Public Libraries Toolkit - Referrals

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KNOWING WHEN TO REFER

LEGAL REFERRALS

Sometimes, what patrons really need is more than you can give. The best thing to do is to admit this. You can help lead a patron to a source - you can even read that source information to a patron - but you should not interpret the information. You cannot interpret what the legislature what trying to say with that confusing statute, and you cannot give someone legal advice on what to do in their situation...you can only suggest sources that will answer their questions. Sometimes though, people's questions are so complicated, that a single source, or many sources won't help them out. They may need legal advice, or more in-depth information than your library may carry.

In this case, there are other resources you should be familiar with to help your patrons, including local legal and library referral options.

BAR ASSOCIATIONS
Become familiar with the services of your state Bar Association. Sometimes they may have programs where people can meet with an attorney for free or they may have a referral service where people can meet with attorneys for a reduced rate.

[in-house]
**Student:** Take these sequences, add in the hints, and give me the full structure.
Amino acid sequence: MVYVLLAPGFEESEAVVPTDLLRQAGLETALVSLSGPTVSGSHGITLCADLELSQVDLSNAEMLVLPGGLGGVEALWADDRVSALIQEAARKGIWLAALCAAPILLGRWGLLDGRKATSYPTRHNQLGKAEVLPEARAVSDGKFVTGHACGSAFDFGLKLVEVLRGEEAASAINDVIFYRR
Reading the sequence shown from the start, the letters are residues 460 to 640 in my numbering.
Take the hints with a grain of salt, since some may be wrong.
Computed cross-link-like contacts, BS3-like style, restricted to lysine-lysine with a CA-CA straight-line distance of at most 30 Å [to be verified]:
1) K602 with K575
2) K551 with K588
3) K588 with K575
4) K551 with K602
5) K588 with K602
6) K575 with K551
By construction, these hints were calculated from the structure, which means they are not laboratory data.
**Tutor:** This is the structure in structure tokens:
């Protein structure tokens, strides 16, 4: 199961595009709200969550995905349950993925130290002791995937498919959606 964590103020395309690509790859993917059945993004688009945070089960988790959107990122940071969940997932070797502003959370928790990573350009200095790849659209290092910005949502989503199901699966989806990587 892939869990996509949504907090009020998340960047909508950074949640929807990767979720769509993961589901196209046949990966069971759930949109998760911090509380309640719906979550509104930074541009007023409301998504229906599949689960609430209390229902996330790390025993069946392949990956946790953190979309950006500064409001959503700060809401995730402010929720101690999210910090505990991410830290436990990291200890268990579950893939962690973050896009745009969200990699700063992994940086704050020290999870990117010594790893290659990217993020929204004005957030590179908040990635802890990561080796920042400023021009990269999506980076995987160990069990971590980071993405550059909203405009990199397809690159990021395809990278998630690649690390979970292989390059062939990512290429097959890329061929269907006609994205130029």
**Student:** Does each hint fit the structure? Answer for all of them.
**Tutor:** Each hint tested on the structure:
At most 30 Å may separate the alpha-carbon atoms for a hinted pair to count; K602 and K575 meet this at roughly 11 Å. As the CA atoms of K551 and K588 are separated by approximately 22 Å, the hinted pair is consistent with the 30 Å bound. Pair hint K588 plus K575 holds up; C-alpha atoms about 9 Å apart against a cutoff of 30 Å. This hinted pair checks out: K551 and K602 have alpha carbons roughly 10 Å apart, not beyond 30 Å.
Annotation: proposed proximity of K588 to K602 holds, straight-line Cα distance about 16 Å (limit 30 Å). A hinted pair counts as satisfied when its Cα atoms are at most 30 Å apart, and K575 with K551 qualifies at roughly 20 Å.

There is a listing of legal services programs, and lawyer referral services on the American Bar Association web site. Some paper resources to check are the Directory of Pro Bono Programs, published by the ABA Center for Pro Bono (312-988-5789) or the Directory of Legal Aid and Defender Offices in the United States and Territories published by the National Legal Aid and Defender Association.

LEGAL AID/LEGAL SERVICES
Check out which services there are for low income patrons. Do you have a Legal Services or Legal Aid? What type of clients will they take? Keep a listing of phone numbers by the reference desk of available legal aid/legal service centers.

PUBLIC LAW LIBRARIES

Don't forget to use your public law library as a resource. They may have some specialized materials that may answer your patrons questions. Since librarians are generally a very congenial group, also don't forget to call for help with reference questions that you may not be able to answer.

The American Association of Law Libraries is the national organization for law libraries, and they publish a AALL Directory & Handbook, which includes a state by state listing of member libraries. This directory is available at the AALL website.



last updated August 14, 2006.  Please send comments and suggestions to Lee Warthen